If harnessing the power of AI has been shown to improve decision-making, resiliency, and the costs of running a business, then perhaps WatrHub Inc. is practicing what it preaches to its clients. The Toronto-based company has gained momentum in the past year, upgrading to a larger office in Liberty Village to accommodate its growing staff, and expanding its customer base to include water industry leaders such as SUEZ, Evoqua Water Technologies, MUELLER, and Xylem. Needless to say, the company is quickly gaining attention as one of Canada’s key tech firms supporting the global shift into a new digital water era.
According to Ahmed Badruddin, CEO, the company is currently exploring new markets and new data sets. “We’ve now amassed the largest public data warehouse in the water industry,” he says. “Our archive contains over half a billion public documents and web pages that are specifically related to the water infrastructure market.”
Targeting the industrial market
Focusing almost exclusively on the U.S. municipal market last year was a deliberate move. “Due to the massive amount of data available, you need to set scalable milestones,” Badruddin says. “Even with powerful AI tools and techniques, you can spread yourself too thin without a focused strategy.”
Having this treasure trove of data has made WatrHub confident about going beyond municipal water into the industrial space. “The industrial market was always in our sights, but we needed to align our resources and prove our solution,” he says. “This will be one our growth markets for 2019 and onwards.”
Why “rolling up your sleeves” is not antithesis to AI
Badruddin cites traditional client engagement as the complementary piece to the AI-data mining component.
“One of the key challenges in our field is that data can be very nebulous,” he says. “Many data companies focus on collecting data and presenting it with dashboards; however, the additional step of turning that data into actionable insights and solving a specific problem is really what clients ultimately require.”
“While computer-assisted algorithms may do most of the heavy lifting, you still need to roll up your sleeves and help clients remove barriers,” Badruddin says. “This mean helping the client identify specific problems they are having, as well as helping them integrate the data into their workflows and business processes.”
As a result, many of WatrHub’s clients have been able to gain access to new water utility customers much faster. “We have been able to show that they can increase their sales pipeline conversion by 300 percent and increase market visibility by 233 percent,” he says. “This outcome was achieved, in part by working with the clients directly, focusing on client success, and having a very targeted set of customers.”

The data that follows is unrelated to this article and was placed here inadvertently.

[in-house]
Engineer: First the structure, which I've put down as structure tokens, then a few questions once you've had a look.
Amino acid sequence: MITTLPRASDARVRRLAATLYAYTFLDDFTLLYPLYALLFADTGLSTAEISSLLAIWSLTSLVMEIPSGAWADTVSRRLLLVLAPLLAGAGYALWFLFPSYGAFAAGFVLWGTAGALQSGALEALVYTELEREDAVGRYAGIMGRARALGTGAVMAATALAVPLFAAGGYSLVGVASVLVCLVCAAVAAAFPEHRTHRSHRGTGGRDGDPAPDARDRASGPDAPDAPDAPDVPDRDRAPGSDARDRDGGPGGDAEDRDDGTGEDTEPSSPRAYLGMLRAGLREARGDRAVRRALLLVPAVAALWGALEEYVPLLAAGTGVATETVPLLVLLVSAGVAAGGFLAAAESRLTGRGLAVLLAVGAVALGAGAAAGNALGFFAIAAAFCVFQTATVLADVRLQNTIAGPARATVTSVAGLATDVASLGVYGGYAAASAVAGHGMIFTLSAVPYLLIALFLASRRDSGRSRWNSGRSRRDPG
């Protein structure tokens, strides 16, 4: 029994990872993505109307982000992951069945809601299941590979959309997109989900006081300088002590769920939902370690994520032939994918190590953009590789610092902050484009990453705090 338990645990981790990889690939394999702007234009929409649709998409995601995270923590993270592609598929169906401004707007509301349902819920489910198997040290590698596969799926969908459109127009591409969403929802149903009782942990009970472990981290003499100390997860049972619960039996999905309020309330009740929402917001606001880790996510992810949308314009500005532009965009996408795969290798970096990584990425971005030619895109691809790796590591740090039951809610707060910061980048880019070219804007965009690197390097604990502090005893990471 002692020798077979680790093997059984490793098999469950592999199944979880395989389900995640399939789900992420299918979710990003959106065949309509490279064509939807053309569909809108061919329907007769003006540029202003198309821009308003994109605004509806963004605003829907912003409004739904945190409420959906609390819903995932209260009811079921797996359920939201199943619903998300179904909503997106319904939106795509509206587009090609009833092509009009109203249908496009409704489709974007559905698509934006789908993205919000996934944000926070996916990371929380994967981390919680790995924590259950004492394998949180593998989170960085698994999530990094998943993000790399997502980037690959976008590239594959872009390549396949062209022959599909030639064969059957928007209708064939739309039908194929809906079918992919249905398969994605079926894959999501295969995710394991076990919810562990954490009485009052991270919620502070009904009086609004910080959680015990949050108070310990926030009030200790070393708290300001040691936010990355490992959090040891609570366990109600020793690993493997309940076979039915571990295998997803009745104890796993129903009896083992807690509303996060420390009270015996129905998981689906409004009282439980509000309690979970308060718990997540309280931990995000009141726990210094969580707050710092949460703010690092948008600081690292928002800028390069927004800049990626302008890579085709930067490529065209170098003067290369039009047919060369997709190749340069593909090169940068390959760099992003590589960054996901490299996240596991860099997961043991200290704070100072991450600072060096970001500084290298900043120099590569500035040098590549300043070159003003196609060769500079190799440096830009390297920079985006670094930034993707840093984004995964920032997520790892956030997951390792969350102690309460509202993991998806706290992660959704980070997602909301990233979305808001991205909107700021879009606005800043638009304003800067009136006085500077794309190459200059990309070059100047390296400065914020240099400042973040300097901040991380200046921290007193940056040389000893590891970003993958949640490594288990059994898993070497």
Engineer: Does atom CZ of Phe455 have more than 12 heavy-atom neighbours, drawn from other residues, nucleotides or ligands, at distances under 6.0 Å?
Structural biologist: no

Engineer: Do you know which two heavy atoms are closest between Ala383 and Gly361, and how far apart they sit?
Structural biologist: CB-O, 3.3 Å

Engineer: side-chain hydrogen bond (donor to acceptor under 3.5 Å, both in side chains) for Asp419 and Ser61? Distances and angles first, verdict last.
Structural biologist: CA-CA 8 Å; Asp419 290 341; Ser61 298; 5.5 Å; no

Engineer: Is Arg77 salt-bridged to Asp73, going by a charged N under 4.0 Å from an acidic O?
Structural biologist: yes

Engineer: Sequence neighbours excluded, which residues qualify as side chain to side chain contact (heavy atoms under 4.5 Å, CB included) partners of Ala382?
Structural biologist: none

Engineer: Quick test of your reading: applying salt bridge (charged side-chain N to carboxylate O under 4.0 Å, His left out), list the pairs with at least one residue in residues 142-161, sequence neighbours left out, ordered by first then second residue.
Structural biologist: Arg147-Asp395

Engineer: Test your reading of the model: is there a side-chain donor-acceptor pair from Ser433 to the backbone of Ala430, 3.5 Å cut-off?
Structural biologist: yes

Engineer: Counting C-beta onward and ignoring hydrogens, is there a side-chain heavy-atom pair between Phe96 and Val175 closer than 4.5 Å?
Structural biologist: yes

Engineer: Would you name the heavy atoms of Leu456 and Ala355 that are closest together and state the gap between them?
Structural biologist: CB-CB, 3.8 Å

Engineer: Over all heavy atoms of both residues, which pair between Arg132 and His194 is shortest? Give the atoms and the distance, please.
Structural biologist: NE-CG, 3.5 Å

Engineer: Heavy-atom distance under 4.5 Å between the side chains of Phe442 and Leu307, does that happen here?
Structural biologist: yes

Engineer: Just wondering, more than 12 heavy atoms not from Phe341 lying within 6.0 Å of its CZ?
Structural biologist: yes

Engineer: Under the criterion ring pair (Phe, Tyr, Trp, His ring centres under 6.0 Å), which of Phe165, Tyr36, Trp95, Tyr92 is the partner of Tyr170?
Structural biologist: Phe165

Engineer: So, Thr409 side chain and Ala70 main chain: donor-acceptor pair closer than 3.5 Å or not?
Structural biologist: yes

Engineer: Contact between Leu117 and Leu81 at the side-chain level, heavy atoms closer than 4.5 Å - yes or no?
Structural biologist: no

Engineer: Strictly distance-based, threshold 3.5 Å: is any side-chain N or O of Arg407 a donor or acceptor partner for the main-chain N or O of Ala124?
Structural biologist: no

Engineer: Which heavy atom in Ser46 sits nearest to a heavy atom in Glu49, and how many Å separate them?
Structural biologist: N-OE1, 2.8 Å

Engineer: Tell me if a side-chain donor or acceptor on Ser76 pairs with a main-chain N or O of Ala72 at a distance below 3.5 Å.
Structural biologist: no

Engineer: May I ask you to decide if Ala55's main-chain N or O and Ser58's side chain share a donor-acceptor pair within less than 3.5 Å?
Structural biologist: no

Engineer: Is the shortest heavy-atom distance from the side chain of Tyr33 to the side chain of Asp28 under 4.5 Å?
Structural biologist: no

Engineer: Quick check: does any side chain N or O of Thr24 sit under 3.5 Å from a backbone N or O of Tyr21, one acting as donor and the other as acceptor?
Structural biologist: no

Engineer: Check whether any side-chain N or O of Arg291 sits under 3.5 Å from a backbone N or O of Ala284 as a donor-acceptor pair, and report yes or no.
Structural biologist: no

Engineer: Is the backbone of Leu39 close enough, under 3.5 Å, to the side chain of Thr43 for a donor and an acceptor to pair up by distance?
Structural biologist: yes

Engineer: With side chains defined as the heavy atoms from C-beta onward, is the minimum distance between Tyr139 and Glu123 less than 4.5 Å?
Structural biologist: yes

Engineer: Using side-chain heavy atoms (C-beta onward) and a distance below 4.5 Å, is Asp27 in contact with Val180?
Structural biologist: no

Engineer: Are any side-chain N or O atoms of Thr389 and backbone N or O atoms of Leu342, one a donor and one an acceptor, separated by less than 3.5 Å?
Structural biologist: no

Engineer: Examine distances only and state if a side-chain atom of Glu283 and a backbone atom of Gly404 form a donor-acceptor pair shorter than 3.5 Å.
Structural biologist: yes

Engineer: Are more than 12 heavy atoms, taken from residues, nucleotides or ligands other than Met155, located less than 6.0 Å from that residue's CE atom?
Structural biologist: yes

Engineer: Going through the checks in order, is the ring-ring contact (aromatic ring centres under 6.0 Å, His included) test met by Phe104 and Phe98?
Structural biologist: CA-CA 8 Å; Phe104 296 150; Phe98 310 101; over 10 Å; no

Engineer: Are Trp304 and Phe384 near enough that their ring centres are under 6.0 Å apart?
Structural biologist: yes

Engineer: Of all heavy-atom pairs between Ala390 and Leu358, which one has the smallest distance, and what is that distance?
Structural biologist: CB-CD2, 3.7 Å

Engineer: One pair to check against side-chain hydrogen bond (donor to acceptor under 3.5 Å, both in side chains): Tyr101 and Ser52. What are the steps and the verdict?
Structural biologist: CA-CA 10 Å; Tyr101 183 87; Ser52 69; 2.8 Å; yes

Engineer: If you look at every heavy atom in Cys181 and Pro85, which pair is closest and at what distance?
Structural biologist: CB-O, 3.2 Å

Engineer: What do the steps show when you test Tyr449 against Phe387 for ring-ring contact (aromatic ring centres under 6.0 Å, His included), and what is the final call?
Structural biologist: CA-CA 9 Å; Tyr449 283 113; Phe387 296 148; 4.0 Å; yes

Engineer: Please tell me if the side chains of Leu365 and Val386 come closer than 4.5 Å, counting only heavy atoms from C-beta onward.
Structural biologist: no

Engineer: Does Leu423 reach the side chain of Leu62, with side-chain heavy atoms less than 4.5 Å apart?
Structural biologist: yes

Filling in the gaps with actionable insight reports
This groundwork informed a lot of the tweaks that WatrHub has made to its business model to encourage future growth.
“One of the most important lessons learned from an AI-company perspective is that the advanced technologies on the data side need to be balanced out by the same amount of focus on the customer business processes to create a full picture,” Badruddin says.
“On the one hand, data mining identified not only new customers, but also the optimal time to make contact,” he says. “Even more impressive is that the unearthed insights provided specific talking points that enabled our clients to in turn have more engaging conversations with their end customers. This meant faster relationship-building, and less field work required to canvas new potential water utility clients.”
To relay this actionable insights, WatrHub typically delivers custom curated reports on a one-time basis, or a regular subscription service. “We quickly realized that each company in the water industry is very nuanced and unique,” Badruddin says. “As a result, we do custom reports and data sets that are specifically tailored to our clients so that they transform insights into sales opportunities.”
In early 2019, WatrHub released a geo-focused Client Data Viewer that lets clients visually understand their insights and opportunities.
Clearing up misconceptions about AI
At this point, Badruddin and his team have gained plenty of insights about AI itself, and are happy to dispel any misconceptions.
“In the race to commercialize AI, one of the key yet perhaps understated ingredients to succeeding is a multidisciplinary team that can work together on a customer problem,” he says. “These data technologies are just one part of the process. You need a team that can see the full picture, yet isolate the customer problem that needs to be solved.”
Similarly, AI will not replacing subject matter experts anytime soon. “Disruptive companies are typically run by experts who know their niche market really well, but who obviously lack AI skills,” Badruddin says. “There is the common misconception that AI displaces these experts, which simply is not true because AI does not have that kind of deep domain expertise. Rather, we figure out how to work with these leaders to leverage their expertise, and co-design the AI to make it even better than before.
“This dialectic is critical because if the algorithms are not close to one hundred percent accurate, then it gets discredited very quickly,” he says. “Instead, we work to both utilize the expert’s knowledge as well as educate them about how AI works. We then work together to co-leverage AI to solve the company’s pressing issues.”
“The amount of data that is available right now is exploding,” Badruddin says. “The companies that figure out how to use the data to their advantage are going to be the ones that win in the future, and we’re excited to be playing a role in that digital transformation.”
Josh Chong is a communications coordinator at WaterTAP.